This job requires wearing protective gear, including suits, masks, and gloves, to minimize exposure. The average hazmat worker salary in the U.S. is about $44,035.


Keitma/Adobe person rake leaves in autumn

Landscapers sculpt and maintain outdoor spaces, but it's not all about picturesque gardens and vibrant lawns. These professionals often grapple with dirt, mud, pesticides, and heavy machinery. Their hands-on work under the sun or in harsh weather conditions can be physically demanding and dirty.

Some seasoned landscapers have very high earning potential. While the job is far from glamorous, landscapers play a crucial role in beautifying our surroundings and ensuring that green spaces thrive.

The average landscaper salary in the U.S. is about $40,674, but top landscapers can earn about $80,000.


Zaleman/Adobe guy from the pest control service

Exterminators are professionals trained to eliminate pests like insects, rodents, and other unwanted creatures from homes, businesses, and public spaces. 

They often work in less-than-ideal conditions, crawling into tight spaces, handling toxic chemicals, and encountering creepy crawlies daily.

While it's a dirty job, it can pay pretty well. The demand for pest control services ensures job stability, making this profession attractive to those willing to tackle the less glamorous side of pest management. 

The average exterminator salary in the U.S. is about $44,797.

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Oil field service technician

Grispb/Adobe employee of oil refinery

If you're not afraid of hard work, harsh weather, and getting your hands dirty, a career as an oil field service technician might be for you. These technicians play a crucial role in maintaining and repairing the equipment used in oil drilling operations.

This job involves exposure to extreme weather conditions, heavy machinery, and often working in remote areas far from city comforts. Although, the compensation can be attractive.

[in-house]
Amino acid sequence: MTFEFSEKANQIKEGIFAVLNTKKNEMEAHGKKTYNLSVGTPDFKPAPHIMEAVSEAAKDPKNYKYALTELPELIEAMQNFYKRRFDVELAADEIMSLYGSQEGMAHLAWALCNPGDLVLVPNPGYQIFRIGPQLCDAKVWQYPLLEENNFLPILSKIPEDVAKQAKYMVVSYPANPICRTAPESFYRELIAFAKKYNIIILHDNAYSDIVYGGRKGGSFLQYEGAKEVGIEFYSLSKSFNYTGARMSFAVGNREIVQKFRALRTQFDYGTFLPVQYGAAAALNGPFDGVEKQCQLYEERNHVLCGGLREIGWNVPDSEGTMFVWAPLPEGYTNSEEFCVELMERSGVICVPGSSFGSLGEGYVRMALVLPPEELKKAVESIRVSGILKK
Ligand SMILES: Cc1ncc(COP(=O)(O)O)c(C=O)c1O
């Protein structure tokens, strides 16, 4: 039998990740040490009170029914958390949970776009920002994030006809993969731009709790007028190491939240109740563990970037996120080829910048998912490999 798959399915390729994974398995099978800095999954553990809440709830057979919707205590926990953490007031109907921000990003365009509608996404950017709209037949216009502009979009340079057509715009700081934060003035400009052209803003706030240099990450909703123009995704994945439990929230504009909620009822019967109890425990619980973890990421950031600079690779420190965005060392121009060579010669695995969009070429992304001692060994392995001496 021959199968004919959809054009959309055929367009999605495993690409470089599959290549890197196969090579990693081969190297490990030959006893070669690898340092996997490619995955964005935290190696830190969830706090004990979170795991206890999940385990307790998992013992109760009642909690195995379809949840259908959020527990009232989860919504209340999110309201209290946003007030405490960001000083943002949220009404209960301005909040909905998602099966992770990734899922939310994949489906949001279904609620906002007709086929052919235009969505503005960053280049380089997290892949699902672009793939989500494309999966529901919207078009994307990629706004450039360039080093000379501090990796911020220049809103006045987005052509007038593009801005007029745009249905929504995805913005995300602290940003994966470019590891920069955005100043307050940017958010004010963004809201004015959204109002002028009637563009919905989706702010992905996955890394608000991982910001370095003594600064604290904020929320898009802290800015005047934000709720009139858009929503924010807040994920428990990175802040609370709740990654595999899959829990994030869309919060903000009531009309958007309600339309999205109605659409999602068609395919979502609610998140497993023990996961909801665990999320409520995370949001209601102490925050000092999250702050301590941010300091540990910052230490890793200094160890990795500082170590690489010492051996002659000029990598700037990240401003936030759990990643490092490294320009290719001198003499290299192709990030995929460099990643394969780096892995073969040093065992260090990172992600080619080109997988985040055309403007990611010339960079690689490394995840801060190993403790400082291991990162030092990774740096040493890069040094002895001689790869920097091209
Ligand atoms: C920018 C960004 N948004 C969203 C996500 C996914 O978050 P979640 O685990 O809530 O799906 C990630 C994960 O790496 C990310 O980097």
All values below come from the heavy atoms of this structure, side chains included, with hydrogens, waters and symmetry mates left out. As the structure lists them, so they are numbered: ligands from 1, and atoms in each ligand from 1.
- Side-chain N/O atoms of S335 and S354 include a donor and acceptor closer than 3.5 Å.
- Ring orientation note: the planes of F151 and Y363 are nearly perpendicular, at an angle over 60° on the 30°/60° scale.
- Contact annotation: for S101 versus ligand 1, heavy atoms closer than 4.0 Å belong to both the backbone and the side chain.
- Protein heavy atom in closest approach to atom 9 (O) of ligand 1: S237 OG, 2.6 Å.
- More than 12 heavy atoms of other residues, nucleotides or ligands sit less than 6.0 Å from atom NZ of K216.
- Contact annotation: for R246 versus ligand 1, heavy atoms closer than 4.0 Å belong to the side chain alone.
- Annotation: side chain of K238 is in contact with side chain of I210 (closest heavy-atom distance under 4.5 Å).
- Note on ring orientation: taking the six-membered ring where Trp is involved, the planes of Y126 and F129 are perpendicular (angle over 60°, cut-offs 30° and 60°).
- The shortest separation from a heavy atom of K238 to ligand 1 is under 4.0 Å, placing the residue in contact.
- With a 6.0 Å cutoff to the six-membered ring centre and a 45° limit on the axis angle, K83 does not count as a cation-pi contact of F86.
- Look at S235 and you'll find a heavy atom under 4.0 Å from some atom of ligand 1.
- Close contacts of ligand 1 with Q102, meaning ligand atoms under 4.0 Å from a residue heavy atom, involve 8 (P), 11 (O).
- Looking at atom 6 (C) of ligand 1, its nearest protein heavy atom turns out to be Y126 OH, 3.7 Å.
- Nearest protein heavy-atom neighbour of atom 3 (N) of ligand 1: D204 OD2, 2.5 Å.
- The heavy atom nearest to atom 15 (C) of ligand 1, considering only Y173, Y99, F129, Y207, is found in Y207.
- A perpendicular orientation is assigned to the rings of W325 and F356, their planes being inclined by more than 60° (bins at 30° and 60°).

The average oil field service technician's salary in the U.S. is about $58,750, with some making as much as $115,995.

Commercial diver

Maren Winter/Adobe commercial diver with scuba gear

For those with a sense of adventure and a love for the deep, a career as a commercial diver can be incredibly lucrative.

These professionals work underwater, performing tasks like underwater welding, inspecting underwater structures, and salvaging items from the depths.

The job requires specialized training and equipment, and it often means working in dark, cold, and sometimes hazardous conditions. However, the payoff can be worth it. The average commercial diver's salary in the U.S. is about $34,970.

Construction worker

tong2530/Adobe engineering inspected the structure

Construction workers are the backbone of the building industry, and their jobs are among the dirtiest and most physically demanding. 

They toil in all weather conditions, performing tasks like digging trenches, laying foundations, and erecting structures. Dust, debris, and heavy machinery are constant companions.

However, the potential for good pay is one of the main attractions. Skilled construction workers, especially those in specialized fields like welding or concrete work, can earn solid salaries. 

The average construction worker's salary in the U.S. is about $36,376, and welders can make over $50,000.

Sewer inspector

amorn/Adobe male plumber engineer

Sewer inspectors delve into the depths of underground sewer systems to ensure they function smoothly.

Their job involves navigating through tight and often unpleasant spaces, inspecting pipes for damage, blockages, or leaks, and conducting repairs when necessary.

However, sewer inspectors play a vital role in maintaining urban infrastructure and preventing health hazards. This dirty job rewards workers for their dedication to keeping our cities clean and safe. The average sewer inspector salary in the U.S. is about $48,758.

Bottom line

VR Studio/Adobe two officers wearing gas masks

Dirty jobs may not be everyone's first choice, but they provide essential services and can boost your bank account

For those willing to embrace the challenges and physical demands, these careers can provide financial stability and even the opportunity for advancement.

Are you considering a high-paying job or career? If so, consider the dirty jobs above for high earning potential.

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Author Details

Adam Palasciano

Adam Palasciano is a personal finance-obsessed and money-savvy individual who loves to hash out content on all things saving money. He specializes in writing millennial-friendly personal finance content, covering topics ranging from trending financial news, debt, credit cards, cryptocurrency, and more.